Zahrah and I only managed to attend the third and final day of Birdfair 2016. This year, we were set on squeezing everything we could out of this incredible event. Kerr decided to join us too, so last Thursday the three of us set off for Rutland Water Nature Reserve.
Due to a slight train mishap from Zahrah, it was nearly dark by the time we arrived at the campsite. We met the very charismatic steward and his wife, who cruised around the site on a rather fetching golf buggy and led us to our pitch. Perhaps ashamedly, I’d only been camping twice before, once ten years ago and once last month, so I was excited to get the tent up and spend our first night in the reserve.
In the morning I woke from a genuinely good tent’s sleep. After eating pots of porridge around the stove we headed over to the fair. As usual, I was overwhelmed by just how much there was to see: eight long marquees, three lecture theatres, the main events marquee and a large cluster of food stalls, merchandise stands and of course, the reserve itself.
After a scan of the programme, we threaded our way through the first marquee. We met a lovely lady from the West Cumbria Swift Group, and I soon realised how little I knew about swifts. Due to house renovations, swifts are losing their nesting sites and should now be red-listed. The fastest bird in level flight, swifts shut down half their brain at a time to enable them to sleep on the wing and endure such long journeys overseas.
In the afternoon I attended a talk on the successes and challenges of conservation. As I listened to comeback stories of black-winged stilts, spoonbills and Manx shearwaters, it struck me how much we all dwell on the ‘doom and gloom’ of wildlife. Of course, it’s appalling how many of our planet’s species are now threatened, but invaluable work is being carried out all over the world and it should be celebrated. The talk inspired me to concentrate on conservation success, not failure, and it’s something I reckon I’ll be turning into a third year project.
Day two of Birdfair began with some more networking in the marquees. I chatted to lots of lovely people, from the BBC Wildlife team to photographers to those offering amazing wildlife holidays (I lost count how many competitions I entered – bring on the promotional emails). After a delicious pulled pork roll with applesauce, my ultimate favourite, Zahrah and I caught Simon King’s talk. He really is a great speaker. Although it’s often the case at these events that the speakers are merely preaching to the choir, it’s always so good to be reminded just how important nature is. He included a quote from Anaïs Nin that drove his message home: “We don’t see things as they are, we see them as we are.” Mankind has done extraordinary things, some of them terrible, and it’s important not to lose focus on what really matters: preserving this planet. It’s a message I really hope can endure the test of time.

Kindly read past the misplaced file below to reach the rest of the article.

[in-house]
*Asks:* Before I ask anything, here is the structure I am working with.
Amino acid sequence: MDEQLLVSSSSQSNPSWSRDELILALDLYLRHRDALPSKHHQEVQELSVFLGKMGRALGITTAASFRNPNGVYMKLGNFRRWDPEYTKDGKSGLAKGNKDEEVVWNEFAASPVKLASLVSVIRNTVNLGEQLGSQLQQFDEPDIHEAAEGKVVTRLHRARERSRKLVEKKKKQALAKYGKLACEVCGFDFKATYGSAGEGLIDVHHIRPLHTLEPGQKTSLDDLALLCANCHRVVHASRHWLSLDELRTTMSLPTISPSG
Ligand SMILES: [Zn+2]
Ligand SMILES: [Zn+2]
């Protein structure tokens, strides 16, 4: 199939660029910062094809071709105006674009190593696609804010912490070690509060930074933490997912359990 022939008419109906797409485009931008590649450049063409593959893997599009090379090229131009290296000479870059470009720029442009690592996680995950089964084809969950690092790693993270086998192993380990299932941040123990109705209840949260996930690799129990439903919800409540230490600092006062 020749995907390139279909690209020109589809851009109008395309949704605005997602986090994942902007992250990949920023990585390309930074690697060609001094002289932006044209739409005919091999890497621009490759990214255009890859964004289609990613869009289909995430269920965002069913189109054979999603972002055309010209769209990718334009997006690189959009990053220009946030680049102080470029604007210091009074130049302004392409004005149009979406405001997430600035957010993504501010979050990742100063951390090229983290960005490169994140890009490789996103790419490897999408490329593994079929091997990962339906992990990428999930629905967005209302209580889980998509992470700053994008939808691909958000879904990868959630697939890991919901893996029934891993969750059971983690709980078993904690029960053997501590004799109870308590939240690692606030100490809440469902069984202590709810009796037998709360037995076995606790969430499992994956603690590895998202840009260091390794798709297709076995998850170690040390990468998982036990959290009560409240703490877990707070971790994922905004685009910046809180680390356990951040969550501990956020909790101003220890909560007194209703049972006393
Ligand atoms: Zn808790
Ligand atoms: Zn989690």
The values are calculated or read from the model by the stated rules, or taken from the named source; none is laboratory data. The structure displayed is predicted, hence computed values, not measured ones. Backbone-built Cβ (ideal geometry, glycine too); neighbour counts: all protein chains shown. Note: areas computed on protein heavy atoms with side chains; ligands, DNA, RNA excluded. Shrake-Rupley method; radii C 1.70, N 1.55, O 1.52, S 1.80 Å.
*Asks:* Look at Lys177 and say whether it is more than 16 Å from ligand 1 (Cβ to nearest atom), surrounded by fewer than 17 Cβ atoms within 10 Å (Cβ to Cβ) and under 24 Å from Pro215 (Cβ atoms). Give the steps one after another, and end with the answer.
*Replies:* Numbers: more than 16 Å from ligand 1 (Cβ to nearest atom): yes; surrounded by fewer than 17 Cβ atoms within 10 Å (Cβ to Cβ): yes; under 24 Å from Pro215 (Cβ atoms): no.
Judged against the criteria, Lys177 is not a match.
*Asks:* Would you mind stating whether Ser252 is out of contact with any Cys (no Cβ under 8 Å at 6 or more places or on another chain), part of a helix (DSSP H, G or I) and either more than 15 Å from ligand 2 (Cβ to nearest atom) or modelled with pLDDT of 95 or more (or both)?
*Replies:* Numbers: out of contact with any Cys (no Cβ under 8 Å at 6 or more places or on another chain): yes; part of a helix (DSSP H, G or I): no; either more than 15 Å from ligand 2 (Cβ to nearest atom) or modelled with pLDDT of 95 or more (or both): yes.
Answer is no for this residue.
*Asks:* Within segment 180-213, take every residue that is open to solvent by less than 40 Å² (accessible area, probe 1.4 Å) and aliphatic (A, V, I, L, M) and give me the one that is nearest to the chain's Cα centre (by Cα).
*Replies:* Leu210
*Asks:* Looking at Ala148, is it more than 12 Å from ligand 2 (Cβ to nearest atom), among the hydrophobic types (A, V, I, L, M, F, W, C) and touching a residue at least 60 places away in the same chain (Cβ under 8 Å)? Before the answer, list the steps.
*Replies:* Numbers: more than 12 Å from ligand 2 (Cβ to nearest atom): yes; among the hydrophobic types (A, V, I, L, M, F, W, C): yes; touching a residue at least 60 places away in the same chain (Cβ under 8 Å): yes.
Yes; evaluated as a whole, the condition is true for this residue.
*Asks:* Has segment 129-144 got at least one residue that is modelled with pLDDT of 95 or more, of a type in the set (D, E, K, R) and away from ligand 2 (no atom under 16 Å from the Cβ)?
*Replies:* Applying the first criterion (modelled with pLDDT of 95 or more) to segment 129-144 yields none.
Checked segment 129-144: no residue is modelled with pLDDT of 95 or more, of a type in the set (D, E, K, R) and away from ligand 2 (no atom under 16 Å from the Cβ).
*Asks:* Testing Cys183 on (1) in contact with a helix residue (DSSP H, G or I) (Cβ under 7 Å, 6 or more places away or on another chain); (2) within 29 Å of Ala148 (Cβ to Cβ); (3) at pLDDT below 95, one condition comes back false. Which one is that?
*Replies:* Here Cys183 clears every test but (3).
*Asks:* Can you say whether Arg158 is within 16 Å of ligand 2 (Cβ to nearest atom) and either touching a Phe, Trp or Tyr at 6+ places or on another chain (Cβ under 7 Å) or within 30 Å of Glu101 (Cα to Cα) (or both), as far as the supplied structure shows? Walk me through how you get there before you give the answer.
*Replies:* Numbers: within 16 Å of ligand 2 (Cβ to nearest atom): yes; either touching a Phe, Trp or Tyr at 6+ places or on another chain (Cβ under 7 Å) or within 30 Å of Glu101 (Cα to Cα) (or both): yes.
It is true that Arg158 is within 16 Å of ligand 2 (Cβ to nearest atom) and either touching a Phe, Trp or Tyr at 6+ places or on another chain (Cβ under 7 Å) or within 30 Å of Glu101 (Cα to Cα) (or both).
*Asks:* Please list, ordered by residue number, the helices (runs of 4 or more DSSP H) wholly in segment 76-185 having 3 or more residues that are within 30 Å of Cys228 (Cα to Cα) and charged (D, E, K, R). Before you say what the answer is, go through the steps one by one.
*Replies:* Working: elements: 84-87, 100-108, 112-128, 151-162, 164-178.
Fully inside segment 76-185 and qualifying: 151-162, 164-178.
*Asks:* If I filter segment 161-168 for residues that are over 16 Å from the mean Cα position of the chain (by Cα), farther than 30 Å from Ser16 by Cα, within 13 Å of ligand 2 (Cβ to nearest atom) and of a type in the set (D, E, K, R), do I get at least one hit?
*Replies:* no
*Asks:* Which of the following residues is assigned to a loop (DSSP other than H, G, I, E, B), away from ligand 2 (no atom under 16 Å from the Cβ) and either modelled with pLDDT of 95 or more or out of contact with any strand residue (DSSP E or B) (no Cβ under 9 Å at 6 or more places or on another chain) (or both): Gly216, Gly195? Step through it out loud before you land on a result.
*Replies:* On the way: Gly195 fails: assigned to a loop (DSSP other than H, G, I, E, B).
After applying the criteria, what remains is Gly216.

I was a little sad to wake up on Sunday and realise Birdfair was nearly over. Zahrah and I anticipated long queues for Steve Backshall so we hurried to the fair earlier than usual. The marquee was filled to capacity, with people lining the walls and stuffing themselves into every space. I suppose it’s the nostalgia talking, but I think Steve Backshall is an inspiration. Deadly 60 was perfect, combining boisterous adventure with important messages about wildlife to capture every child’s imagination. In his talk, Steve showed various images of shark species, to which the children sat cross-legged at the front shouted out the names of without a moment’s hesitation. It gave me a fuzzy feeling: these kids absolutely loved wildlife. It’s true that engaging younger generations is undoubtedly the long-term solution for the natural world, and Steve Backshall was doing just that. I couldn’t help but put my hand up for a question. I asked him what species was next on his wish list, to which he replied the snow leopard.
Before long it was time to go. Kerr had bought the Sony camera he’d been eyeing up for months and at a considerably lower price, so he was happy as Larry. I treated myself to a poster of the ‘Orders and Families of Birds of the World’, which is now hanging proudly alongside my others. Birdfair is one of those rare events where us wildies gather in our thousands to celebrate not only birds, but all wildlife. I know from previous experience that an interest in nature is not a common one, so to meet people from all over the world with the same passions as me is something really quite special. I’m already looking forward to next year.